Benefits
The impetus for the development of telepractice in SLP has been driven by the need to provide equitable and cost-effective access to all clients, regardless of geographical location, physical disability, or social and economic status. The access issues for adult and pediatric clients living in rural and remote areas, where there are inevitably fewer SLPs, are clear (Pickering et al., 1998) and remain a vexing issue for public health and education systems worldwide. Of equal concern, however, are clients residing in urban areas where access to services may also be difficult due to disability, mobility, and financial issues; restrictive work schedules; and family support needs.
Although access to SLP services was the primary driver in the evolution of telepractice, there is now considerable evidence to support the premise that this mode of service delivery may actually enhance the quality of care provided, and, ultimately, quality of life (McCue, Fairman, & Pramuka, 2010; Winters & Winters, 2004). Winters and Winters (2004) suggest that telepractice has the potential to optimize the timing, intensity, and sequencing of intervention, leading to the greatest functional outcome for the client. Indeed, telepractice has the capacity to support intensive neurorehabilitation regimens, based on increasing evidence of neural plasticity and brain reorganization following brain damage (Bach-y-Rita, 2000). Examples of this can be seen in the use of computer-based language therapy for aphasia (Cherney, Halper, Holland, & Cole, 2008) and the treatment of dysarthria in Parkinson's disease (PD) via the Internet (Constantinescu et al., 2011) and a computer-based program (Halpern, Matos, Ramig, Petska, & Spielman, 2005). Furthermore, the capacity to monitor communication and swallowing function in an adult or child from a distance enables the clinician to optimize the timing of intervention to avoid or reduce morbidity and functional limitation.
A further benefit is the capacity to deliver SLP services to the child or adult in his/her own environment (e.g., home, local community, school, or workplace). Strong evidence exists to support the fact that interventions delivered in the person's natural environment or specific context (e.g., workplace, school) are more effective than the same approaches delivered in the clinic (McCue et al., 2010). These positive effects have been seen in generalization of behavior, functional outcomes, and patient satisfaction and self-management in various conditions, including stroke (Legg & Langhorne, 2004; Von Koch, Wottrich, & Holmqvist, 1998) and severe brain injury (Ylvisaker, 2003). Furthermore, this approach to community-based intervention is endorsed by the World Health Organization (WHO) framework, which promotes a person's functioning within the context of their environment (2001).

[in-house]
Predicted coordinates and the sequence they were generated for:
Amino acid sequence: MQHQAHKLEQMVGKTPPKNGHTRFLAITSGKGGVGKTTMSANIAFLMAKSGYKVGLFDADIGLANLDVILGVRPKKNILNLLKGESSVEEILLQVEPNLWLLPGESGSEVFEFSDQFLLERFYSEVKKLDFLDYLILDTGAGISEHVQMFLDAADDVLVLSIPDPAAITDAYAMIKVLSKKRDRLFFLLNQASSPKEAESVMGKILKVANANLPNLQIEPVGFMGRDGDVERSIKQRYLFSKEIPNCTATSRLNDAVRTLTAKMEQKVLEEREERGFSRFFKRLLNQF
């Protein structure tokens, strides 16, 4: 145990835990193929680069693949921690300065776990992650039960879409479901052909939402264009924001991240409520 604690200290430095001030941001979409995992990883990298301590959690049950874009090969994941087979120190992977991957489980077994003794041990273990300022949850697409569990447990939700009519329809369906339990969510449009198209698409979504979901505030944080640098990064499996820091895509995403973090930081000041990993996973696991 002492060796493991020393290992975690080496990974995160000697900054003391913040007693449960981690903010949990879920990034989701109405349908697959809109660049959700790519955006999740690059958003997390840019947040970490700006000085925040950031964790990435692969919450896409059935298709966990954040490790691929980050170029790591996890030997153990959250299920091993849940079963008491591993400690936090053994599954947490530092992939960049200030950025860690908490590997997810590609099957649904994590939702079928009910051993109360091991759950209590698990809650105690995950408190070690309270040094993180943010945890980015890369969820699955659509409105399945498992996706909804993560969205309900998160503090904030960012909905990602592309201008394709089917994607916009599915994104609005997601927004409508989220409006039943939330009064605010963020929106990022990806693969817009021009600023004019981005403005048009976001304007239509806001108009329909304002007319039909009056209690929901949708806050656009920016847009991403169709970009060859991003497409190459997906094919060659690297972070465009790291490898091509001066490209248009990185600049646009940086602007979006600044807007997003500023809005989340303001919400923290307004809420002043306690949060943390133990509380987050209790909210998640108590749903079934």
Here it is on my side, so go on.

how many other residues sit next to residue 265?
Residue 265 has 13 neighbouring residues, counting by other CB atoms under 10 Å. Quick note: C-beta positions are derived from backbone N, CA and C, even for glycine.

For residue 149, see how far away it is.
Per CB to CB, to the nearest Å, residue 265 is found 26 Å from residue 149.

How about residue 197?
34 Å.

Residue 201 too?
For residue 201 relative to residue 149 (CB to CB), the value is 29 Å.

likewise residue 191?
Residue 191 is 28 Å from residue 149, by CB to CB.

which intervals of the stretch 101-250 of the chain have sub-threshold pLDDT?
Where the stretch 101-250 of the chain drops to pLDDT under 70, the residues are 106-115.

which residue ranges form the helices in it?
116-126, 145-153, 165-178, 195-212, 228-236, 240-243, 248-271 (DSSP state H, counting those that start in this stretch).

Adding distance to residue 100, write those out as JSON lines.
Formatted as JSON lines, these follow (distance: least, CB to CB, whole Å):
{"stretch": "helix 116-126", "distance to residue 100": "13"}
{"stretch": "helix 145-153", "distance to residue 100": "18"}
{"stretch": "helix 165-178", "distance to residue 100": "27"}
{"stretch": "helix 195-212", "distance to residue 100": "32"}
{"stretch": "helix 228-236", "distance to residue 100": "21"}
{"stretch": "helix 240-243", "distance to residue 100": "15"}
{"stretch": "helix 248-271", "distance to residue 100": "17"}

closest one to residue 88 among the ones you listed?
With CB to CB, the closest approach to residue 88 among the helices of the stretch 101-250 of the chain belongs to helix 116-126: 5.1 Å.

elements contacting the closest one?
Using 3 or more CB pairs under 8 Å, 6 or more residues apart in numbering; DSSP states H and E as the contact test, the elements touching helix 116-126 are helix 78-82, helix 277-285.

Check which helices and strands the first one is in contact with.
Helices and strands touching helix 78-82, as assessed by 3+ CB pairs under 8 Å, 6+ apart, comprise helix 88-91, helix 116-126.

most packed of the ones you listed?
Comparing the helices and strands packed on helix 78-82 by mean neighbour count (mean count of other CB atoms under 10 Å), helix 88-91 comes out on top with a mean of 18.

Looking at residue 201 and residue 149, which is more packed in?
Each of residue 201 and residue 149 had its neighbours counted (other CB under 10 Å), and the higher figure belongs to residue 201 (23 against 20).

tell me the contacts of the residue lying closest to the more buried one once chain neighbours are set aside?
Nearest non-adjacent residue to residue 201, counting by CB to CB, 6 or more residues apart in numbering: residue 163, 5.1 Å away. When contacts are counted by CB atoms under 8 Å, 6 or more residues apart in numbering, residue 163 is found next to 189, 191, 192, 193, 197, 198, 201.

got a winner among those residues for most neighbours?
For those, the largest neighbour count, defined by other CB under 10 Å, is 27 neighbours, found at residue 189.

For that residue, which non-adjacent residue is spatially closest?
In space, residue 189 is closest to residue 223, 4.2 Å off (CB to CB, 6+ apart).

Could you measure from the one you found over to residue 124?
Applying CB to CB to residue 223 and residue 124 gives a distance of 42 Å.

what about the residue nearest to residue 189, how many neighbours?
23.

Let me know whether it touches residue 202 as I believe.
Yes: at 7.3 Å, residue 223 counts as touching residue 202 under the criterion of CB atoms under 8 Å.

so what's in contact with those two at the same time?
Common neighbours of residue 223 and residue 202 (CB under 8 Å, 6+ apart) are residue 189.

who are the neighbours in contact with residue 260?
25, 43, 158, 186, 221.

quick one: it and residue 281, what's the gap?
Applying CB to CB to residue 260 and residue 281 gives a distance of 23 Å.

Of the world's population, 28.7% now have access to the Internet (Internet world stats, n.d.), and this number is steadily increasing. The possibility of delivering SLP services via telepractice, directly into the everyday lives of clients, is conceivable. Critical to the uptake of telepractice in mainstream SLP services will be to demonstrate the feasibility, validity, reliability, and cost-benefits of this mode of service delivery.
Evidence
Research in telepractice in SLP spans more than two decades. Most of this research has been conducted within the health service domain, with limited evidence from the education sector (Theodoros, 2010). Client and/or clinician satisfaction has been investigated in approximately 25% of all studies and has been remarkably positive (Theodoros, 2010). It is clear, however, that a major area of research that has received limited attention is the cost-benefit analysis (Theodoros, 2010). The economic attributes of telepractice are critical to sustainability in today's health-care and educational systems. Economic analysis of any SLP service via telepractice involves examination of the benefits and/or costs to the client and/or family and to the provider. It requires detailed information regarding the costs of technology, facilities, personnel, time expended by the client/family members and service provider, and client and provider travel expenses, as well as the effects on quality of life (Krupinski et al., 2006; Muennig, 2002).